Barclays chiefs shun bonuses despite rising profits
A 49-percent jump in bad loans weighed on underlying earnings, Barclays said, adding that its chief executive and president had declined a bonus for a second year running in the face of “intense public interest and concern.”
Barclays said net profits surged 114 percent to 9.393 billion pounds (10.807 billion euros, 14.756 billion dollars) last year after the bank sold Barclays Global Investors (BGI) to US asset manager BlackRock in late 2009.
Net profit had stood at 4.382 billion pounds in 2008 for the bank, the first major British lender to report its 2009 earnings.
“The Board considers that the performance of Barclays has been strong” last year, the bank said in its earnings statement.
Barclays chairman Marcus Agius also unveiled a wider pay overhaul across the group to help rebuild public trust in banks.
All bonuses for other top directors will be paid in shares over a three-year period and subject to clawback.
Barclays said it had paid out a total of 2.7 billion pounds in bonuses — 1.5 billion pounds in cash and 1.2 billion pounds in long-term awards.
Barclays share price was up 6.34 percent to 292.6 pence in late trade on London’s benchmark FTSE 100 index, which rallied 1.07 percent to 5,220.88 points.
“With or without the sale of BGI, the figures are extremely impressive,” said Richard Hunter, head of British equities at Hargreaves Lansdown Stockbrokers.
“The performance of (investment unit) Barclays Capital was a core contributor to the profit numbers, whilst the impairment levels appear to be under control.”
Pre-tax profit at Barclays Capital surged 89 percent to 2.46 billion pounds in 2009 after including results from operations bought from collapsed US bank Lehman Brothers.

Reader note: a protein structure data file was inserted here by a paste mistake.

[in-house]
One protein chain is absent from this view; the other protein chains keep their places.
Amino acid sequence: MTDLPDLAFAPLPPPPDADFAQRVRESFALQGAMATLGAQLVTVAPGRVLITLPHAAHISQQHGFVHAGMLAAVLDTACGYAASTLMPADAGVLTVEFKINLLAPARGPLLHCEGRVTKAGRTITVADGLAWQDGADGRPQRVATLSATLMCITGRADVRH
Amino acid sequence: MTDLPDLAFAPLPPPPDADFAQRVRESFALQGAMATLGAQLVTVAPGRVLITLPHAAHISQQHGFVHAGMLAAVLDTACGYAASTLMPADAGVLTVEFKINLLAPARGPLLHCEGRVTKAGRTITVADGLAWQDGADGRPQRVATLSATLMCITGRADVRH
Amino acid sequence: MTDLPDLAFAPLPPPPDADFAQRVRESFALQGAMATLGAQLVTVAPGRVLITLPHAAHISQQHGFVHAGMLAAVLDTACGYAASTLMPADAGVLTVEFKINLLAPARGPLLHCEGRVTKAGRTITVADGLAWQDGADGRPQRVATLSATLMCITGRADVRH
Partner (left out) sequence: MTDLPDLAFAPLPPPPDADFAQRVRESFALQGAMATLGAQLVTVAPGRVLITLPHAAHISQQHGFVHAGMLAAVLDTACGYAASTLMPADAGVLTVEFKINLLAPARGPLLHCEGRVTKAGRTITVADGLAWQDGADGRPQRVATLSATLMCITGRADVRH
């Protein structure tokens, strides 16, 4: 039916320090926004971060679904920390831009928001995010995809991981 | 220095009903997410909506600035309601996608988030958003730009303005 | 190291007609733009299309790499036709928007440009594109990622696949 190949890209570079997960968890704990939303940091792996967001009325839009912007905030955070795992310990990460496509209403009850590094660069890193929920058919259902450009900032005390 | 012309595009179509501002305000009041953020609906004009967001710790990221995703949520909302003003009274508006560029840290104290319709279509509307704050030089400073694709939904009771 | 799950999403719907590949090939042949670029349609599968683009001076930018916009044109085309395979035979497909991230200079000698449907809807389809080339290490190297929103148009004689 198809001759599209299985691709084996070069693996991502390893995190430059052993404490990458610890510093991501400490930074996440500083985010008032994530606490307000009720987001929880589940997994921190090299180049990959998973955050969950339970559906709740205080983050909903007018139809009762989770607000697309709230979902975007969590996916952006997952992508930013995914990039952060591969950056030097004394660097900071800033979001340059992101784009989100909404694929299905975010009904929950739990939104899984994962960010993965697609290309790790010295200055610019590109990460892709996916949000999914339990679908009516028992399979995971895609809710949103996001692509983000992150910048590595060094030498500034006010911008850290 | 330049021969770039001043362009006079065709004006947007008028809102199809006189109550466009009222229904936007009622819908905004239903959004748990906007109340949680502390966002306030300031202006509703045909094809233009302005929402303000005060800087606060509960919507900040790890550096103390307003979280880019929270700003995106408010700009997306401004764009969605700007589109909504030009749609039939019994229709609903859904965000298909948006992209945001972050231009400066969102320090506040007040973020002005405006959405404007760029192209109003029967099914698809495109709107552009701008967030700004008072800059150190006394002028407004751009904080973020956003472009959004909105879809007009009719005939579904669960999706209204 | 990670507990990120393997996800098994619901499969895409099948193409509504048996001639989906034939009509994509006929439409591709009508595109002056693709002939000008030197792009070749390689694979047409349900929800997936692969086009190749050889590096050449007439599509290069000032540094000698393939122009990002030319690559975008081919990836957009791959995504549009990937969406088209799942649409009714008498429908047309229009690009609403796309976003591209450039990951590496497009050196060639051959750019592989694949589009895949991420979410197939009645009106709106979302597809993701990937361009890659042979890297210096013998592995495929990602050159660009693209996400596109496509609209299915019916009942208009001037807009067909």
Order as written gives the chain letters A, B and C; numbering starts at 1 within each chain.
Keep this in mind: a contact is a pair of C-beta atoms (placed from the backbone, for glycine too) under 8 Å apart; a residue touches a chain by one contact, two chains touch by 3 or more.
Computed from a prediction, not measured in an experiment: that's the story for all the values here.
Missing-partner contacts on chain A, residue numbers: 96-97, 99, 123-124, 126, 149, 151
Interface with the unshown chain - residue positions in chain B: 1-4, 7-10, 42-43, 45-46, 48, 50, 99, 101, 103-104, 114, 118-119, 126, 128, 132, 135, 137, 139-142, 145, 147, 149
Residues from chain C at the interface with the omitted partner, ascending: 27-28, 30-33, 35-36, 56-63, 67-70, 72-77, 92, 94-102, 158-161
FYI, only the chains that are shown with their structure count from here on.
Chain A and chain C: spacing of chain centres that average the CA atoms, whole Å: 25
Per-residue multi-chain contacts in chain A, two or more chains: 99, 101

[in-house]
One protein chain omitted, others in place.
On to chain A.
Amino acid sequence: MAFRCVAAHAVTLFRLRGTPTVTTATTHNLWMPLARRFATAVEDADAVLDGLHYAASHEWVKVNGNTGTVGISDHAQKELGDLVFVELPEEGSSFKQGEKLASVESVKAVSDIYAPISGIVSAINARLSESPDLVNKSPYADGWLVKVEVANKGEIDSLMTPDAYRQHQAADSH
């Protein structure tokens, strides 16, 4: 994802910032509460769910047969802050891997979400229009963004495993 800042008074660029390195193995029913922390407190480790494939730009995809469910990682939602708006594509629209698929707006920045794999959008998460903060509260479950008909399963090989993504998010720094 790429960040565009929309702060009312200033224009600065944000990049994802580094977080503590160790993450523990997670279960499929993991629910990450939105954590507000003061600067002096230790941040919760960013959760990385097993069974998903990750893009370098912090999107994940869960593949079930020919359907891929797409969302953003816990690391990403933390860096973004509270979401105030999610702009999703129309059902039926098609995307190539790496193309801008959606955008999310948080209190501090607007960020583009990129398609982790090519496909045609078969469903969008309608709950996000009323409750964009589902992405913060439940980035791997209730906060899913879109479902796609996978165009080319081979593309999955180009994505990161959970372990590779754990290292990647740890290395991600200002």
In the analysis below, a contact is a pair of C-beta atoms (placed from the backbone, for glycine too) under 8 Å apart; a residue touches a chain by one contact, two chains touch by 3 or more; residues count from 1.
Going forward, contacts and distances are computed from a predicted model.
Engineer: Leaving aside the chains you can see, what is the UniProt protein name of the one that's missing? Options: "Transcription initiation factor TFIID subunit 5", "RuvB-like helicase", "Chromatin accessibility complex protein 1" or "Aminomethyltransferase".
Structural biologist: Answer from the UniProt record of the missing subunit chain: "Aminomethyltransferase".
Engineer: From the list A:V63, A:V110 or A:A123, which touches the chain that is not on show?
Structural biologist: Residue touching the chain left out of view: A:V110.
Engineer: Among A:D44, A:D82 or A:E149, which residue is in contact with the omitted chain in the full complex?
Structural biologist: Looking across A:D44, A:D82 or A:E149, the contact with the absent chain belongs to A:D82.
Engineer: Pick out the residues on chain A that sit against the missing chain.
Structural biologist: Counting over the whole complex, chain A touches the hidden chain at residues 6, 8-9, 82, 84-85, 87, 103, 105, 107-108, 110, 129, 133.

Barclays Capital has paid employees 38 percent of the unit’s 2009 income, down from 44 percent a year earlier. By contrast, US investment banking giant Goldman Sachs cut its latest compensation ratio to 36 percent from 48 percent.
Barclays on Tuesday added that annual pre-tax profit was up 92 percent at 11.642 billion pounds. That beat analyst expectations of profit totalling 11.31 billion pounds, according to Dow Jones Newswires.
However excluding a 6.331 billion-pound gain from the sale of BGI, profit before tax stood at 5.311 billion pounds, down 13 percent compared with 2008.
Impairment charges for the year jumped 49 percent to 8.07 billion pounds. However the figure was below the bank’s own estimate of nine billion pounds.
Despite the hike in debts written-off, Barclays has successfully avoided state control, unlike rival British banks that were beaten by the global financial crisis and bailed out by the taxpayer.
Barclays in 2008 won a seven-billion-pound capital injection largely backed by Abu Dhabi and Qatar, as it survived the credit crunch without government aid.
But Abu Dhabi has since sold most of its holding, while Qatar’s sovereign wealth fund, the Qatar Investment Authority, has trimmed its Barclays stake.